Super League: Clubs vote to scrap Super 8s in favour of 'one up, one down' system

St Helens v Wigan Warriors
St Helens and Wigan Warriors were two of the leading Super League clubs in support of reverting to a "one up, one down" system

Rugby league clubs have voted by a two-thirds majority to scrap the Super 8s and return to a conventional promotion and relegation system from 2019.

The decision was reached at a Rugby Football League (RFL) extraordinary general meeting in Manchester.

The Super 8s were introduced in 2015 and saw the top two tiers split into three groups at the end of each season to decide promotion and relegation.

However, a "one up, one down" system will be back in place from next season.

Confirmation of the new structure brings to an end several months of battling among clubs, with 11 of the 12 current Super League teams - all except Leeds Rhinos - in support of the change.

There will be a home and away calendar for the 12-team Super League, plus six additional fixtures and the Magic Weekend - where a round of fixtures are all hosted at the same venue over two days.

A five-team play-off series will then culminate in a Grand Final to crown the Super League champions at Old Trafford.

The Championship will expand to a 14-team competition in 2019, with a similar play-off system determining which team will be promoted to Super League the following season.

Two teams will be promoted between the Championship and League One each season from 2019 onwards.

'Super League clubs must deliver on their promise'

Analysis: Dave Woods, BBC rugby league correspondent

The decisiveness of the vote is surprising - a 68% vote in favour of the change shows an unexpected level of support for the RFL proposal from several Championship and League One clubs.

There are mutterings from opponents of the change that there was coercion and bullying from Super League, but the hope will be that this will mark a beginning to the end of the recent acrimony.

Now the ball is in Super League's court. With greater autonomy and control over marketing as well as getting the structure they fought for, it is up to the Super League clubs to deliver on their promise.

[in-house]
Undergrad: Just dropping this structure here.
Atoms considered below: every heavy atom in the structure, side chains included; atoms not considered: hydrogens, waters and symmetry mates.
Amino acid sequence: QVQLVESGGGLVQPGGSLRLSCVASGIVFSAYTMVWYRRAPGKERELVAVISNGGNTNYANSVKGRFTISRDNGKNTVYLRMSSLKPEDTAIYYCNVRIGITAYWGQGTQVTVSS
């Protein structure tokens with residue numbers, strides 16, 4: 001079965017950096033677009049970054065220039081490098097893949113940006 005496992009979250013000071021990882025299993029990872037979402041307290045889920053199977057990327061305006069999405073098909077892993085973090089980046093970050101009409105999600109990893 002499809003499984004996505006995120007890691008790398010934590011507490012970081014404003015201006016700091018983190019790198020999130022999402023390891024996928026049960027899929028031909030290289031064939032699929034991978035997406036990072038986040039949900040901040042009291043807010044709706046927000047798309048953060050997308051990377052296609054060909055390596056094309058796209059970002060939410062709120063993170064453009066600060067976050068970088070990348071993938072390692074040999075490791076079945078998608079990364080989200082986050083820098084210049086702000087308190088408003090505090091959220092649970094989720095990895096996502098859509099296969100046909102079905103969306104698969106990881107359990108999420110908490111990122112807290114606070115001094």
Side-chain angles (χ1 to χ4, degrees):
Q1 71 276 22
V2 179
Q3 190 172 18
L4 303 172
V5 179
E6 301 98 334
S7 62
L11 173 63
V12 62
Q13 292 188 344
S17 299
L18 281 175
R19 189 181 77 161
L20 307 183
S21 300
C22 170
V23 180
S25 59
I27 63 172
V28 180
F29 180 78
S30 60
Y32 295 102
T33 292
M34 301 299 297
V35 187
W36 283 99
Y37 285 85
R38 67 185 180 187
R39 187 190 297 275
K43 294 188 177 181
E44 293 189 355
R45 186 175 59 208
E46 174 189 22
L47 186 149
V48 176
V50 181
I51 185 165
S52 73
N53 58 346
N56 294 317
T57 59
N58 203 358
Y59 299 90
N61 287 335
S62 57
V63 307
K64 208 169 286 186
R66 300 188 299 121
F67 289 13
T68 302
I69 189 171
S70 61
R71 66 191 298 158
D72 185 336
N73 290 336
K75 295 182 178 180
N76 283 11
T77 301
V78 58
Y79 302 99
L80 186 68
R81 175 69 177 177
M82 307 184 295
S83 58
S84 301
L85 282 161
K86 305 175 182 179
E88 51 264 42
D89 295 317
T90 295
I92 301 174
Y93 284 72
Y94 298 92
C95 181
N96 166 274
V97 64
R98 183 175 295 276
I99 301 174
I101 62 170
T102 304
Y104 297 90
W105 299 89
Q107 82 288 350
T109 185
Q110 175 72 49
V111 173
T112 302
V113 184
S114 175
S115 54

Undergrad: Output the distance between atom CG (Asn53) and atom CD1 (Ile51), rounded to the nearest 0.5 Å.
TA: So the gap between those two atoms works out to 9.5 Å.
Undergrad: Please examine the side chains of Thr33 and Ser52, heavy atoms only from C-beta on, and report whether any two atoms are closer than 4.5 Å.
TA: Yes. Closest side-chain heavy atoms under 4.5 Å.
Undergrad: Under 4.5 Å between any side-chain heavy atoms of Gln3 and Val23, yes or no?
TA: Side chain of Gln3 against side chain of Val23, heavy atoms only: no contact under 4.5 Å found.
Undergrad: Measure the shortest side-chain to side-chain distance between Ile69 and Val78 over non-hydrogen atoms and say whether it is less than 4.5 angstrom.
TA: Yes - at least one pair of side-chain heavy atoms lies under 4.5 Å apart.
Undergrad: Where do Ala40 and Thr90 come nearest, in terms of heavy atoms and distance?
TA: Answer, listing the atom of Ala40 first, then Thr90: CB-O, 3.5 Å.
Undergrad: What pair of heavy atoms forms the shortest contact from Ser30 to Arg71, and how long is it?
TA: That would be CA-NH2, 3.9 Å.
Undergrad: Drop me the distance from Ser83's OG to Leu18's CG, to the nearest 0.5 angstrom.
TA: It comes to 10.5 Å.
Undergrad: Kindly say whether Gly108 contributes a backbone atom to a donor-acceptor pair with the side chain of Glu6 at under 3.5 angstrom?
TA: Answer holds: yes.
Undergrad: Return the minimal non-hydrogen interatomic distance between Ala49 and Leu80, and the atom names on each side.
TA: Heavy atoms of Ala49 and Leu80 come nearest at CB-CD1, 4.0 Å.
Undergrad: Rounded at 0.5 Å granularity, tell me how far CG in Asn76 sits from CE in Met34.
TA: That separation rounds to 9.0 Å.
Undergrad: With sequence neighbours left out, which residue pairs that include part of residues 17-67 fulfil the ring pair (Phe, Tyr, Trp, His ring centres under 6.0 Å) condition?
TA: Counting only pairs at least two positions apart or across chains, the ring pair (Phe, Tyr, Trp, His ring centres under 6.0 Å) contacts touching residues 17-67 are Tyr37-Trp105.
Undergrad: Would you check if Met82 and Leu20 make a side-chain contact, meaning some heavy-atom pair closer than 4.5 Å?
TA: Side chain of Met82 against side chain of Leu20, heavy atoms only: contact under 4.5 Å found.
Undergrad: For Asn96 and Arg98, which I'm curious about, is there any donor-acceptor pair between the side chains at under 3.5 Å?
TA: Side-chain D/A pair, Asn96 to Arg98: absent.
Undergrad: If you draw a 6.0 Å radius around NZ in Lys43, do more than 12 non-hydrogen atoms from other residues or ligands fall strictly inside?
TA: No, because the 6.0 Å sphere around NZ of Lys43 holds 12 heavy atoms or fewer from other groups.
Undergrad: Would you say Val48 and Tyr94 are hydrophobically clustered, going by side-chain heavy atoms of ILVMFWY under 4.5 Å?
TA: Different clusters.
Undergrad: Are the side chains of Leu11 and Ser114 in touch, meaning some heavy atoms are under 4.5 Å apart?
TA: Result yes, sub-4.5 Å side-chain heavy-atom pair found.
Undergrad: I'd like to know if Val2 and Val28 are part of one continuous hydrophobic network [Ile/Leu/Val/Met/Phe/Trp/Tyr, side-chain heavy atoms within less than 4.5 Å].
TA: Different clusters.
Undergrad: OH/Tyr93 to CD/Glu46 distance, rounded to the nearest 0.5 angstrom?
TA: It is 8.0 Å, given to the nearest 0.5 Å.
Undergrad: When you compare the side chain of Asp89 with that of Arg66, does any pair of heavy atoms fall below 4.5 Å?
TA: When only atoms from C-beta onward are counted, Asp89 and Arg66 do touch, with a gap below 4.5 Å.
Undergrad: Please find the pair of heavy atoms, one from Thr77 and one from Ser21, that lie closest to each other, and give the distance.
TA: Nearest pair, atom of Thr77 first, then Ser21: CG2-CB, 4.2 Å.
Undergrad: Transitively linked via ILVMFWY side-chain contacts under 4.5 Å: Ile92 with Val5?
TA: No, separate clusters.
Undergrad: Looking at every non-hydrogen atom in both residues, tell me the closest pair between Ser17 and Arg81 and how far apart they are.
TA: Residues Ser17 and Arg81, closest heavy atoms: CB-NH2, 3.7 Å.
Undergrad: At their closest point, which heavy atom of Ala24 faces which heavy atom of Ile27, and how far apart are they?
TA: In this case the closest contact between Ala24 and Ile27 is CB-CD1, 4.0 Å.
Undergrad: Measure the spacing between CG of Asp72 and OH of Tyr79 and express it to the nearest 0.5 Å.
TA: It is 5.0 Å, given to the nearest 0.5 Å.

The question is can they now make the Super League as vibrant and popular as they reckon they can in time for TV contract renegotiations that will begin in a couple of years' time?

Meanwhile, the Championship and League One clubs have it in their power to restructure those lower leagues as they wish and have done so.

Why did some clubs push for change?

Top clubs cited poor crowds during the Super 8s as clear proof the format was unpopular with the paying public, while issues with the sales of season ticket packages and commercial deals were also flagged up.

However, Rhinos - the only Super League club to oppose the change - were backed up by many clubs from the Championship and League One, who feared a loss of power and money.

In a statement, RFL chief executive Ralph Rimmer said the decision followed "substantial negotiation", but was focused on securing "clear commitments for the whole sport post-2021 so that [rugby league] has certainty".

He continued: "Structure is one of many vital components of any sport. Everyone is focused on a vibrant and successful Super League, Championship and League One.

"We have secured guaranteed promotion and relegation to and from Super League. It is essential that aspiring clubs, owners and fans can see their path to the top.

"We can now move forward and focus on all the areas which contribute to a strong, thriving sport."

Super League chief executive Robert Elstone added: "The whole sport benefits from a strong, attractive, well-resourced and exciting Super League."

Super League chairmen at a press conference
The chairmen of Wigan, St Helens and Warrington - along with Super League chief executive Robert Elstone (second from right) - presented initial restructure proposals to the media in June

Wigan chairman Ian Lenagan was a leading figure in the move to ditch the Super 8s format and said he felt "total and utter relief" following the outcome of the meeting's vote.

"We've put the divisions behind us now and we can get on with promoting this great game of ours," he said.

"It's a very positive vote for a positive future for rugby league and for Super League."

Meanwhile, Featherstone chairman Mark Campbell - a member of the Championship and League One advisory panel which led the opposition to the RFL proposal - expressed his disappointment with the result.

"I'm struggling to see why they would go with the proposal to be honest but everybody has got their own circumstances," said Campbell, whose Featherstone side finished fifth in the Championship and therefore missed out on the chance to win promotion via the Super 8s Qualifiers.

But with a nod towards drawing a line under the matter, Campbell added: "I do believe in rugby league we are a family.

"Everybody has got their own thoughts on which way they wanted to go but we all love the game and I hope we all get behind this new structure and it works out for everybody."

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